Woodchip protest at Bunbury
By Ingvar Anda
BUNBURY, W.A. — Thirty protesters were arrested at the Bunbury woodchip export facility here on Sunday, February 14. The arrests took place at the base of the massive pile of woodchips which had previously been old growth native forests.
The demonstration was planned as a water-based action to hinder the docking of a ship expected to arrive Sunday morning. These ships are currently taking nearly 1 million tonnes of woodchipped forests out of WA and over 5 million tonnes from Australia overall.
As it turned out, the ship was just moving into the harbour when the protesters arrived on Saturday afternoon. In a hectic burst of activity protesters donned wetsuits, inflated dinghies and launched kayaks. Although this managed to slow down the docking, the ship was eventually secured.
The next morning, police were positioned on the wharf side of the woodchip pile, expecting the activity to occur in the same place as the previous day. Hidden from the police by the 30-metre high pile of woodchips, the protesters scaled the fence at the back of the complex and ran up the woodchip heap past the bewildered security guards.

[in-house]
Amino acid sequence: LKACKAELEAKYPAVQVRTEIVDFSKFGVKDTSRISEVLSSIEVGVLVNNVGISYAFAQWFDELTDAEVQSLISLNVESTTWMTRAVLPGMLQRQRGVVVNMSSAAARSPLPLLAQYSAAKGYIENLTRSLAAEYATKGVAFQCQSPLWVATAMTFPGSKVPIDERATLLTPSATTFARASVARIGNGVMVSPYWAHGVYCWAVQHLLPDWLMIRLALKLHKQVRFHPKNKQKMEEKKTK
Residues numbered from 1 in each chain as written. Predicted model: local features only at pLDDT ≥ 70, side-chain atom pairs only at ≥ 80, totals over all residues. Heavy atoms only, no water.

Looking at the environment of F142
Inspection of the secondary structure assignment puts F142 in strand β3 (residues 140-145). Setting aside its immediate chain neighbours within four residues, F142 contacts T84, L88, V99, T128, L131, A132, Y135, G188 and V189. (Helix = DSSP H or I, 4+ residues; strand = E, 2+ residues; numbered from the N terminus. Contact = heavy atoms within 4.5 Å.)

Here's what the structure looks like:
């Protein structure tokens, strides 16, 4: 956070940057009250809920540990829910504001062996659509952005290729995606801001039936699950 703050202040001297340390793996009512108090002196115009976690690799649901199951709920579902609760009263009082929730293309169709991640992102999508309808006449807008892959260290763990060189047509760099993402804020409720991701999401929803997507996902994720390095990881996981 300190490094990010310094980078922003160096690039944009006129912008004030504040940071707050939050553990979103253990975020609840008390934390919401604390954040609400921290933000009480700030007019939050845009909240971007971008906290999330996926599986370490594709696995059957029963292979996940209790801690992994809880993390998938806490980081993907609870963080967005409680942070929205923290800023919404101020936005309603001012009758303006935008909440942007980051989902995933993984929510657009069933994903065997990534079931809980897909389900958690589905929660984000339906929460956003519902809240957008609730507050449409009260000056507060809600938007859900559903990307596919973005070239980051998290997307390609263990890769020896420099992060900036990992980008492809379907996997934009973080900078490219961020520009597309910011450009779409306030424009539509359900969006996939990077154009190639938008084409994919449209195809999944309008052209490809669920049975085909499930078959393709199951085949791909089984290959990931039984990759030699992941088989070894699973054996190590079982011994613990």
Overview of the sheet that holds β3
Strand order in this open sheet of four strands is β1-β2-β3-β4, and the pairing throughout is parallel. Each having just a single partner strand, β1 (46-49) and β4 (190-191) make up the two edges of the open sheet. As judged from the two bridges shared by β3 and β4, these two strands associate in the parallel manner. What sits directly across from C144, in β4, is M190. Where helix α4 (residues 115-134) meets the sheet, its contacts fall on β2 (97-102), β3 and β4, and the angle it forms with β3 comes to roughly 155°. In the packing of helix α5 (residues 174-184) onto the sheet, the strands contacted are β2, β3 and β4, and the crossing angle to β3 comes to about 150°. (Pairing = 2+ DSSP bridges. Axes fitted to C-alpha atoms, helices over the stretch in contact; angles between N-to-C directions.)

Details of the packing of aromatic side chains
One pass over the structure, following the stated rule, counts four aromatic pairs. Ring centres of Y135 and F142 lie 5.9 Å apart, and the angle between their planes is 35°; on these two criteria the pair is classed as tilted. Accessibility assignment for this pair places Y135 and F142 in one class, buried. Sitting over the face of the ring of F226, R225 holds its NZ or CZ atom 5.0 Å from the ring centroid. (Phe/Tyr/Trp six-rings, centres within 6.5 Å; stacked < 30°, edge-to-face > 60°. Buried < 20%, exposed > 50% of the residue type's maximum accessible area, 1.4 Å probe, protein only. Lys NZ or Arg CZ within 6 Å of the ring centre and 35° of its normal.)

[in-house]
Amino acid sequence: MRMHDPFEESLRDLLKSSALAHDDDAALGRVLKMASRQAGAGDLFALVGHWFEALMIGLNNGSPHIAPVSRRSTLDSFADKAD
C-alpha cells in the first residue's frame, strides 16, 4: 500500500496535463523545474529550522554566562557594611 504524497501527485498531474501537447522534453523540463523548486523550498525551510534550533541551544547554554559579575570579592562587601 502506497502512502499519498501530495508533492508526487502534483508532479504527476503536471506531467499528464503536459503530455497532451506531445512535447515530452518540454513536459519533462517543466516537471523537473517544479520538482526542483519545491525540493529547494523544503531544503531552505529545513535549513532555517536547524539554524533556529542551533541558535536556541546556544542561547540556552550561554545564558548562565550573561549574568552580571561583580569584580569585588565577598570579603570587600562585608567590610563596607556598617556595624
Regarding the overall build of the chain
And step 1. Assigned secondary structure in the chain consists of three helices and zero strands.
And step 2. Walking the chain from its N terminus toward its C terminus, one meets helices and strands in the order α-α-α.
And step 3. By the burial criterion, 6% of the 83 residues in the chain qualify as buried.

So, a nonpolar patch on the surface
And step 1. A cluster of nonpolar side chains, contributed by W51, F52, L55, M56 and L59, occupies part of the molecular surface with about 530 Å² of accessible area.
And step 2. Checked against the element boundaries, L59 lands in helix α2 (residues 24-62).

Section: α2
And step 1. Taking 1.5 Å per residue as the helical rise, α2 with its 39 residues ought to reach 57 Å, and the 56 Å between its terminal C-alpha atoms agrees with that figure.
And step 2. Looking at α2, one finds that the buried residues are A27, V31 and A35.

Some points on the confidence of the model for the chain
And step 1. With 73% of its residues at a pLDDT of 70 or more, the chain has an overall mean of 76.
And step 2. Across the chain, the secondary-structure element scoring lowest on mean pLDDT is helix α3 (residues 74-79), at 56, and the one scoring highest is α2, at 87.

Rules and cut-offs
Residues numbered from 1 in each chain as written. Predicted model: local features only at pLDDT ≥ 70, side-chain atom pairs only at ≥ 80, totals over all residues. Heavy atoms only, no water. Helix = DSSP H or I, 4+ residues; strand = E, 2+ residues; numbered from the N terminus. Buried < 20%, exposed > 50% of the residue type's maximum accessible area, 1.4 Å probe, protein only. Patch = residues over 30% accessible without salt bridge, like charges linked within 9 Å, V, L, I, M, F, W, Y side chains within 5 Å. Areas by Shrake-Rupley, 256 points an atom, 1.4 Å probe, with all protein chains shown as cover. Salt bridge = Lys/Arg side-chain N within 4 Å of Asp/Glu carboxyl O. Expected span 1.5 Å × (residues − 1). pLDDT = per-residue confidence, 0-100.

By the time the police arrived a huge banner was unfurled with the words "Save native forests" draped down the side of the woodchip pile. Loading was again interrupted and media attention focused on an industry that would rather keep hidden from public scrutiny — an industry which consumes over half of all forests cut in Australia, yet provides only 2% of jobs in the timber industry.
After cautions from the police to come down or face arrest, the protesters decided to come down, and were subsequently arrested anyway. They subsequently pleaded not guilty to charges of "failure to leave premises".